Sweet win for No. 1 Gators
Published: Saturday, March 22, 2014 at 2:22 p.m.
Last Modified: Saturday, March 22, 2014 at 8:13 p.m.
ORLANDO — Before top seed Florida’s eventual 61-45 win Saturday over nine seed Pittsburgh, Florida coach Billy Donovan wrote some keys to the game on the bulletin board.
Who: Florida vs. UCLA-Stephen F. Austin winner
When: Thursday, TBD
Where: Memphis, Tenn.
Tickets: Can be purchased at www.gatorzone.com/tickets or by calling 352-375-4683 ext. 6800 or at the Gator Ticket Office at Gate 1 of Ben Hill Griffin Stadium. Students can begin making ticket orders via www.gatorzone.com/students at 6 p.m. Tuesday.
The overriding theme? Energy.
“That’s the key for us, every single day, loose balls, 50-50 balls out there, going out there, rebounding well,” Florida senior center Patric Young said. “Just having energy and getting energy points.”
Florida reaching the Sweet 16 for the fourth consecutive season was all about hustle, whether it was senior point guard Scottie Wilbekin leaping to save a loose ball or senior forward Will Yeguete’s behind-the-back pass to save another errant pass from going out of bounds. The top-ranked Gators (34-2) played with the desperation of a lower seed before 18,512 at the Amway Center to pick up their 28th straight win and move on to a date with either UCLA or Stephen F. Austin on Thursday in Memphis.
“We just wanted to come out and not let them play harder than us,” Wilbekin said.
Florida scored 16 points off 11 Pittsburgh turnovers, outrebounded the Panthers 38-31 and grabbed 14 offensive rebounds. Wilbekin led the Gators with 21 points, including eight straight points on four straight driving baskets during a game-deciding 8-4 run in the closing minutes. But one of those baskets would not have happened had sophomore forward Dorian Finney-Smith not followed up his own missed shot with an offensive rebound with 2:02 left.
That allowed the Gators to bleed 29 more seconds off the clock before Wilbekin’s drive put the Gators ahead 57-45 with 1:33 remaining.
Florida proved to be the more physical team. Young finished with seven points, eight rebounds and four blocked shots and felt like he may have been shortchanged.
“I know I had more than eight,” Young said. “I want to go back and look at the film because I was all over the boards today. But I was just glad I could help my team win.”
On Friday, Young said the coaching staff challenged him by showing him tape of Pittsburgh fifth-year senior Talib Zanna. Young ended up holding Zanna to a modest 10 points and six rebounds.
“The coaches were telling me how good a rebounder he was, and I’m like, ‘Man, he’s no Jarnell Stokes, he’s not Kenneth Faried’,” Young said. “If you are showing me film on those guys, I might be scratching my head. Of course, he’s a great player, great rebounder, but I just knew I could step up to the challenge and really compete today.”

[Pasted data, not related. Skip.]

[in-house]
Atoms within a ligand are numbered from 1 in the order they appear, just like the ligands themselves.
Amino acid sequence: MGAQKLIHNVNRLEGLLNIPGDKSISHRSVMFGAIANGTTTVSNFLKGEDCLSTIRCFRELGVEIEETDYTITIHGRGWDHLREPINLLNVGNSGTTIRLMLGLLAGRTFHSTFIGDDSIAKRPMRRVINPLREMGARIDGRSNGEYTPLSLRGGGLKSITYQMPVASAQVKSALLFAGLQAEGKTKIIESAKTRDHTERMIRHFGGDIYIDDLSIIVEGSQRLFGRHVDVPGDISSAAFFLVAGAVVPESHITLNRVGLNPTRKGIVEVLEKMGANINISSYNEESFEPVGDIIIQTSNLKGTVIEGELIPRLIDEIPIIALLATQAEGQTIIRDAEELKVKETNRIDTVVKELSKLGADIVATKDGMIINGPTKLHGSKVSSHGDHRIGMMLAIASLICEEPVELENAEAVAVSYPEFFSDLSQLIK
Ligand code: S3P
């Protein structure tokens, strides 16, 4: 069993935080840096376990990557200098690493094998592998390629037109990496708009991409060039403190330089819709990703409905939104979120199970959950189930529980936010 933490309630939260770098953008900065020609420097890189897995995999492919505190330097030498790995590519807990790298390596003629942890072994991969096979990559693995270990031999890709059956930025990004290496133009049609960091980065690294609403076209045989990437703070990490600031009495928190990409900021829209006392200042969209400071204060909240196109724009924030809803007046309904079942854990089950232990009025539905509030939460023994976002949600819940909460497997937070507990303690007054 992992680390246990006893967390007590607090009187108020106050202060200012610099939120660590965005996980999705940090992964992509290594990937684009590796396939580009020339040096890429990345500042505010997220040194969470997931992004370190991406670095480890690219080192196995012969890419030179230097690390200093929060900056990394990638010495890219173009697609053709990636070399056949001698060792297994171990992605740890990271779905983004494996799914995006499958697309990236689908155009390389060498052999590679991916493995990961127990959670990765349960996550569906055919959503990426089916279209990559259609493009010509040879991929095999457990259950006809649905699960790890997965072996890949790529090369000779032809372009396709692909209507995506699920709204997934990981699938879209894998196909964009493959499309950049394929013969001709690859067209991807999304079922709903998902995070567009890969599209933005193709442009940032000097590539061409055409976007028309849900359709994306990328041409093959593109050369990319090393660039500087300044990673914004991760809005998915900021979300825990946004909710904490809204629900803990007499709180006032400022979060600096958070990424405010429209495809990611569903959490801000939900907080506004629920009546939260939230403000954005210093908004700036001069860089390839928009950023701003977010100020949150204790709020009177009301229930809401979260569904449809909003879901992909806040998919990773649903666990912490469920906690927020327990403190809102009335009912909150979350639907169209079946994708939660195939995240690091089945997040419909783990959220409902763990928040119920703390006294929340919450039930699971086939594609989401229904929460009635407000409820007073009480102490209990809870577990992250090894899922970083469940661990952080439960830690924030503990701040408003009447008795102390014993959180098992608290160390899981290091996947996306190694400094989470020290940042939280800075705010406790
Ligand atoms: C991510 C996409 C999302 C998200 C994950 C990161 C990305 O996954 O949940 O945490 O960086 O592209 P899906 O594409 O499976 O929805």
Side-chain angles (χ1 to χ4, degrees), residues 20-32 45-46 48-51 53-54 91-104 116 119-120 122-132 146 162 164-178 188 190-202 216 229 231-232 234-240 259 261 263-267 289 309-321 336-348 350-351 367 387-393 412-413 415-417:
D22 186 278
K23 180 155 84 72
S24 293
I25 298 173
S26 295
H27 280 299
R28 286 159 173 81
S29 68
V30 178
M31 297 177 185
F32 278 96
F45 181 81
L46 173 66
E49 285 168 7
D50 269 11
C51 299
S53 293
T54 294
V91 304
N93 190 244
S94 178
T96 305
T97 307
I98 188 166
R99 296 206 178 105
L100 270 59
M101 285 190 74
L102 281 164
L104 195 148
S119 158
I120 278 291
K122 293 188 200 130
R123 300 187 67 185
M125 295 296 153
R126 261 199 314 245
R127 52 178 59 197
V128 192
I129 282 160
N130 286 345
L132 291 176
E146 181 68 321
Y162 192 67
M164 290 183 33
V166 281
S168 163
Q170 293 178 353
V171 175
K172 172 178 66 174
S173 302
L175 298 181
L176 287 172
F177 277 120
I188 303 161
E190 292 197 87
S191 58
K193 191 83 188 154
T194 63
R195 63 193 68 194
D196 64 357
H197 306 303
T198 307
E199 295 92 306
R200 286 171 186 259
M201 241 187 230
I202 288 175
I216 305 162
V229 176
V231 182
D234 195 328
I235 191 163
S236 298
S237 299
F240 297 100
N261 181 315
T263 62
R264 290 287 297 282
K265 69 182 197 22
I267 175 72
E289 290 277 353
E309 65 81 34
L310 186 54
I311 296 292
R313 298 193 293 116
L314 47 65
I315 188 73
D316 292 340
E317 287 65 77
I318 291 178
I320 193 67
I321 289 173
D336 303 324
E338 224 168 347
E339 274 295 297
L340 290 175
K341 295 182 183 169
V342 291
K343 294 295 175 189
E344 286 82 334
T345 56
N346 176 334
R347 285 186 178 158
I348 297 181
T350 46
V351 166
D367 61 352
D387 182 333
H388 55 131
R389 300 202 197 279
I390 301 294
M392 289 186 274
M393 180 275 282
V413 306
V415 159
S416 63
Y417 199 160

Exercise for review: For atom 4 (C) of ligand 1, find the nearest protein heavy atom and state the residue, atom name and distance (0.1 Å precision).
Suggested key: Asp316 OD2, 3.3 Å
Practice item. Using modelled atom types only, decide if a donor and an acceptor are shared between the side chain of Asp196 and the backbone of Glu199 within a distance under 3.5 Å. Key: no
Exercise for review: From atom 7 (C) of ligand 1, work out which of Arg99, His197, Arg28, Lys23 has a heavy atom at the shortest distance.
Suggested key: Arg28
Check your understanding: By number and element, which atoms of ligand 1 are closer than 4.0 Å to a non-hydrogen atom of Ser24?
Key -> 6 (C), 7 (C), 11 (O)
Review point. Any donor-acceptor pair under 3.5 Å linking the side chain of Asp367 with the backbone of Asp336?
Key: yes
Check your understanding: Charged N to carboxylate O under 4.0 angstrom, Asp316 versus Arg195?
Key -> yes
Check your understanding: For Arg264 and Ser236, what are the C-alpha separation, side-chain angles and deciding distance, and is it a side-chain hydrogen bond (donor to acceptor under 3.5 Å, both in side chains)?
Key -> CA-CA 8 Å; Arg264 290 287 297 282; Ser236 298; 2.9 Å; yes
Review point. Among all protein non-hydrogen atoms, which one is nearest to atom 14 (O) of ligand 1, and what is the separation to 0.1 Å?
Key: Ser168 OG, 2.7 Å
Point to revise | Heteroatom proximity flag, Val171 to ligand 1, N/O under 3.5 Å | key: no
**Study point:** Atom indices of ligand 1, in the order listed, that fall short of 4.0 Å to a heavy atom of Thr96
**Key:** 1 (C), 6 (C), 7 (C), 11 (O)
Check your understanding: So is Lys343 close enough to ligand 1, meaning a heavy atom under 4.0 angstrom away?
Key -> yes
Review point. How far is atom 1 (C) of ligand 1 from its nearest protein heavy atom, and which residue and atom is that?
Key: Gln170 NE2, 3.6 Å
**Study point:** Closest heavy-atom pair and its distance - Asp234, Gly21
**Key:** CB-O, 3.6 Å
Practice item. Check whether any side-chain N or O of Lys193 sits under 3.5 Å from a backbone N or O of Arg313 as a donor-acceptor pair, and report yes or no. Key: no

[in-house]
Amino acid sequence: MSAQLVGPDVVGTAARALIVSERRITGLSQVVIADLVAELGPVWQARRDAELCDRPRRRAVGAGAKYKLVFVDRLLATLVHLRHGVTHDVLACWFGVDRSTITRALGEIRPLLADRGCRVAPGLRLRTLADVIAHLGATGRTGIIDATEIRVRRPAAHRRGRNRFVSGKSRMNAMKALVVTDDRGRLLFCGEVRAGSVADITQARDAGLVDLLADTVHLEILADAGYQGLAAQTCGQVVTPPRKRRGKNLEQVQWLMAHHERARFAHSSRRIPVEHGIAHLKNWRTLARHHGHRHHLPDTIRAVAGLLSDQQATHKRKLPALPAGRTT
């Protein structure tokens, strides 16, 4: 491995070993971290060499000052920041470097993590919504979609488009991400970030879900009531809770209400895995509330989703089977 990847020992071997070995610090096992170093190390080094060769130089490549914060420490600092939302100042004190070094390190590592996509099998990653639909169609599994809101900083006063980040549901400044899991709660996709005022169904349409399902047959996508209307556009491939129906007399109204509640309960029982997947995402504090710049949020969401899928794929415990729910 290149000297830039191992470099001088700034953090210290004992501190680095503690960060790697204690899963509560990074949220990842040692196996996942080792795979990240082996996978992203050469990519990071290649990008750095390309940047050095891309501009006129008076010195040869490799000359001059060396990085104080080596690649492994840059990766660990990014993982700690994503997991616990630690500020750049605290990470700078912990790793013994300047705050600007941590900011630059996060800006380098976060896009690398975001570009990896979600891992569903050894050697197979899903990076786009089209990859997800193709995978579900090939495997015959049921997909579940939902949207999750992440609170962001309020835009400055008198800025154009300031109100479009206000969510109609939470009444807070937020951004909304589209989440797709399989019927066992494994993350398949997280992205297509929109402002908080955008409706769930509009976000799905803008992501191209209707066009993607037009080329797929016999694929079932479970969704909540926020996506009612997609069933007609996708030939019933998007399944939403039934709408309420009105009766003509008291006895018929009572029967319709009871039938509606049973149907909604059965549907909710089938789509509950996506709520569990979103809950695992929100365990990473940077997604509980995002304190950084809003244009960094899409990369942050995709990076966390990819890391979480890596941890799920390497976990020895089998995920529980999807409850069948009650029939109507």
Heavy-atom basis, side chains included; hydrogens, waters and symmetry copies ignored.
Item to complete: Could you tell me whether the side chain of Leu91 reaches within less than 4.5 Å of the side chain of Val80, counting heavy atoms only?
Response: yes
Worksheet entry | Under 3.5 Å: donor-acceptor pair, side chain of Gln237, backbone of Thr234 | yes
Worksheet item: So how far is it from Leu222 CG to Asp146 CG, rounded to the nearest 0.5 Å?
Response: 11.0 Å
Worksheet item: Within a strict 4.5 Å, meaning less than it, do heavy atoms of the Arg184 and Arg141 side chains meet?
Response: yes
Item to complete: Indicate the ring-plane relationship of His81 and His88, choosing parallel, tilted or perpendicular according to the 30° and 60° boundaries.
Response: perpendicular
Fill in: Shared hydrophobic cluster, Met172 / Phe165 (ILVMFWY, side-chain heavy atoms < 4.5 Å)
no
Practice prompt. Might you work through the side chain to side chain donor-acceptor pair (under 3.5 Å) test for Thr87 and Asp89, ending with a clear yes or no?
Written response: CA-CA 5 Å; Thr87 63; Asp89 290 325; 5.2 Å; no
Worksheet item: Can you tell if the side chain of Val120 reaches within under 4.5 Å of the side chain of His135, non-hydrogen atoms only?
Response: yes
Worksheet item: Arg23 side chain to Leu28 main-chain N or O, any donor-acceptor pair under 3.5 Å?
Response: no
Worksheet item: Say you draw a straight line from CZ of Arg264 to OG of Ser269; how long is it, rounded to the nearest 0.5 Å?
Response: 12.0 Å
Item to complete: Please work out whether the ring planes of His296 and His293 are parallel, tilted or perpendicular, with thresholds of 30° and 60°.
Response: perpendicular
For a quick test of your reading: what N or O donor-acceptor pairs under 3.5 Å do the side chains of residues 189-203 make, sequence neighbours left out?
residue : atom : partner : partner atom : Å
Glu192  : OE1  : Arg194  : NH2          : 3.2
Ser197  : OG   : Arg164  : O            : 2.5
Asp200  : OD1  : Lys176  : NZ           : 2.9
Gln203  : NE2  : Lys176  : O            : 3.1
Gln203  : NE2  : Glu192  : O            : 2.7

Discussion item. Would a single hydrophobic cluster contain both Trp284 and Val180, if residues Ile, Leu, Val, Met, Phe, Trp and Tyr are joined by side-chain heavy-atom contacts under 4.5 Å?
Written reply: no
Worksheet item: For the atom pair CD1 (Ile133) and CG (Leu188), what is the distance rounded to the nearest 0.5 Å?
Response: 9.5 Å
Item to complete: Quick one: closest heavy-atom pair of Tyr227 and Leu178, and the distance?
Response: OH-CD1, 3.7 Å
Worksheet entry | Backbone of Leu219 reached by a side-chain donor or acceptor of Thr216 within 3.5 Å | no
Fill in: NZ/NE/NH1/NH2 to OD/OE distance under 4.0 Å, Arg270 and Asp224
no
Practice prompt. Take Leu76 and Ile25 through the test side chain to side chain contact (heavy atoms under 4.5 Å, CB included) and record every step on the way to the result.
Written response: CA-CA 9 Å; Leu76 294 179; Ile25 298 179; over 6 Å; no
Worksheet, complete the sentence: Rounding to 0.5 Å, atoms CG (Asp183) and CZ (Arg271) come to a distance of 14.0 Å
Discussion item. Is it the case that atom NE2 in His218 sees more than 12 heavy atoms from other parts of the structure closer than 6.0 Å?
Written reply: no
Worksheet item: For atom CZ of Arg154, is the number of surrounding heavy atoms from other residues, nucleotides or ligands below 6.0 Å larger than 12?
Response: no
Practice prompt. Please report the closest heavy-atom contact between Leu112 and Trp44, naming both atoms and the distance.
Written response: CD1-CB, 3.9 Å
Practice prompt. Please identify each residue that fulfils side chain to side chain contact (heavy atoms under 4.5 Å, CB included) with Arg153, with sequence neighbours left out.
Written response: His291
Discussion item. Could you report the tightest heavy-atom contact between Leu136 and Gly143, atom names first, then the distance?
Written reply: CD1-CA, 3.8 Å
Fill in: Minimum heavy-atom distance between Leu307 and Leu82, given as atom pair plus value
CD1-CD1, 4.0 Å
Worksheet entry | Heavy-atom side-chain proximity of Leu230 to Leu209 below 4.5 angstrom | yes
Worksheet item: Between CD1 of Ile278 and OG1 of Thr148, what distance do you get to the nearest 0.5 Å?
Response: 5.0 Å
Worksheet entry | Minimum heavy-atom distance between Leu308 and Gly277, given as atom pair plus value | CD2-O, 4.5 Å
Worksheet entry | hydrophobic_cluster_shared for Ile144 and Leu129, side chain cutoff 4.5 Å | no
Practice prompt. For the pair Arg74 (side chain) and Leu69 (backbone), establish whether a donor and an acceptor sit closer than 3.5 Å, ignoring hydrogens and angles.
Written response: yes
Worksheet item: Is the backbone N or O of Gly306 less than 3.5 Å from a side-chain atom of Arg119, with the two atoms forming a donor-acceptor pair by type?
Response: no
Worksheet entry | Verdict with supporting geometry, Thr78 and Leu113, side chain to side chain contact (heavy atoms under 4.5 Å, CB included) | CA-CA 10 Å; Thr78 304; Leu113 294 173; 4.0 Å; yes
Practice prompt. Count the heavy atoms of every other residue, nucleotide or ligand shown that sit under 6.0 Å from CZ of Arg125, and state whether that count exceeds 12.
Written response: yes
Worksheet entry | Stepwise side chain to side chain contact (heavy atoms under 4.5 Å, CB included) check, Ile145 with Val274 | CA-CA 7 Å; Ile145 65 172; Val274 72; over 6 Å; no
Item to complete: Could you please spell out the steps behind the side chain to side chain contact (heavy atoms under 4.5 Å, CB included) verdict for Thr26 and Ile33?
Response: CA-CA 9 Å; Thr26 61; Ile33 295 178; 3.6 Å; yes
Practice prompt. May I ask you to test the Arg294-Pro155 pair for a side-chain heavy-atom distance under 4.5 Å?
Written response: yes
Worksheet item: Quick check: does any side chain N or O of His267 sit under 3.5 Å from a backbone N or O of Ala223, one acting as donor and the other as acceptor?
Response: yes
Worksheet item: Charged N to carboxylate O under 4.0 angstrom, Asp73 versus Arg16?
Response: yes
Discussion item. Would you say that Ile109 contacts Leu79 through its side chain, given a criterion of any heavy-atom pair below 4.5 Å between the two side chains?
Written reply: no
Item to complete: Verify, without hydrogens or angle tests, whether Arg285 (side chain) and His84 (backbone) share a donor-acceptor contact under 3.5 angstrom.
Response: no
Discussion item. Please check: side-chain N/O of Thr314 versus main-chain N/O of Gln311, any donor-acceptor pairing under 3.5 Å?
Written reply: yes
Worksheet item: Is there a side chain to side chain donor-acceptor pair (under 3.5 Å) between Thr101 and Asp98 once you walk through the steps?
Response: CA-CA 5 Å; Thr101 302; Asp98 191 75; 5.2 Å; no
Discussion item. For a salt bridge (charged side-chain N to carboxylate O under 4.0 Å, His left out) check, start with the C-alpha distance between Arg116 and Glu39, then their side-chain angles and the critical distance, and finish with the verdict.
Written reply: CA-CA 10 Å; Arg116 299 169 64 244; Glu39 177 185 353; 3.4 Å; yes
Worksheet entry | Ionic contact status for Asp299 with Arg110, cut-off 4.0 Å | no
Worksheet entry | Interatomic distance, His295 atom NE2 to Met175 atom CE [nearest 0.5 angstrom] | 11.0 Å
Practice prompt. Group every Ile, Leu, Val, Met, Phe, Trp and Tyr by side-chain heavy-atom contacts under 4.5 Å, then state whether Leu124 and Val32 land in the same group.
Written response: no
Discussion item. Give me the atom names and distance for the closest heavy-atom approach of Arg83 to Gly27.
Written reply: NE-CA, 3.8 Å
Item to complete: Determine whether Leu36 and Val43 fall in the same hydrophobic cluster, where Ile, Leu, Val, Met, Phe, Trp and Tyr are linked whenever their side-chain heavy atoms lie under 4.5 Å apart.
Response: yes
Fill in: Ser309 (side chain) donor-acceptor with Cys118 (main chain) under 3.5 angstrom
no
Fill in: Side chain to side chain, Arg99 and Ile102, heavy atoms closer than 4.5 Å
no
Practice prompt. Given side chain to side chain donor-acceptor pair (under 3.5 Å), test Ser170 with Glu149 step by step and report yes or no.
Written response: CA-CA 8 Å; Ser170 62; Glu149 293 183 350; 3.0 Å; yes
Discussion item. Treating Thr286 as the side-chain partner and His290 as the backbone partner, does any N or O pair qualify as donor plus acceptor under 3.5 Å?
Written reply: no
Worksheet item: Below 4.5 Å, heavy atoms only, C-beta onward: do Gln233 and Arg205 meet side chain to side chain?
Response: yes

UF’s physicality and defense allowed the Gators to overcome a 40.7-percent shooting day from the floor and 25-percent shooting day from 3-point range (5-of-20). Florida sophomore guard Michael Frazier II added 10 points for the Gators, but was just 2-of-9 from 3-point range. After the game, Frazier joked “it will be good to get out of this gym” after going a combined 3-of-13 from 3-point range against Albany and Pittsburgh (26-10).
“I thought we had some very, very good looks,” Florida coach Billy Donovan said.
But on the defensive end of the floor, Florida stayed connected on the defensive end, holding Pittsburgh to 37.3 percent from the floor. It was the eighth time this season the Gators have held an opponent under 50 points.
“They’re obviously a very good team, the most physical team we’ve played all season long,” Pittsburgh coach Jamie Dixon said. “They beat us on the glass and they beat us to the loose balls, and we got to give them credit.”
Donovan said the Gators “got back to their identity” after an uninspired effort against 16th seed Albany on Thursday.
“As a coach, you always want to play to your identity and who you’ve been and what you’ve been the entire year,” Donovan said.
With a 12:15 p.m. tip time, the teams played close to the vest early. On Pittsburgh’s offensive sets, the Panthers played deep into each offensive possession, draining the shot clock. Neither team led by more than five points in a first half that featured three ties and nine lead changes.
Frazier hit a 3-pointer with 4:11 left in the first half to extend UF’s lead to 20-15, but the Panthers answered by cutting Florida’s lead to 24-22 with eight seconds left on a baseline jumper by Michael Young.
The Panthers still had four fouls to give in the closing seconds, but inexplicably, after fouling Wilbekin with five seconds left in the first half, allowed Wilbekin to spring free for a running 3-pointer that extended UF’s lead to 27-22 at halftime.
The Gators carried that momentum into the second half. Florida started it with a 7-2 run, extending the lead to 34-24 on an inside dunk from Young.
“Getting off to a good start was important because if you look at the way Pitt got off against Colorado, they really did a great job defensively creating turnovers, getting out on the break and really opened the game up the first eight minutes of the game,” Donovan said. “You don’t want to get down 8, 10, 12 points in the game and have to play catch-up.”
Contact Kevin Brockway at 352-374-5054 or email@example.com. Also check out Brockway's blog at Gatorsports.com.
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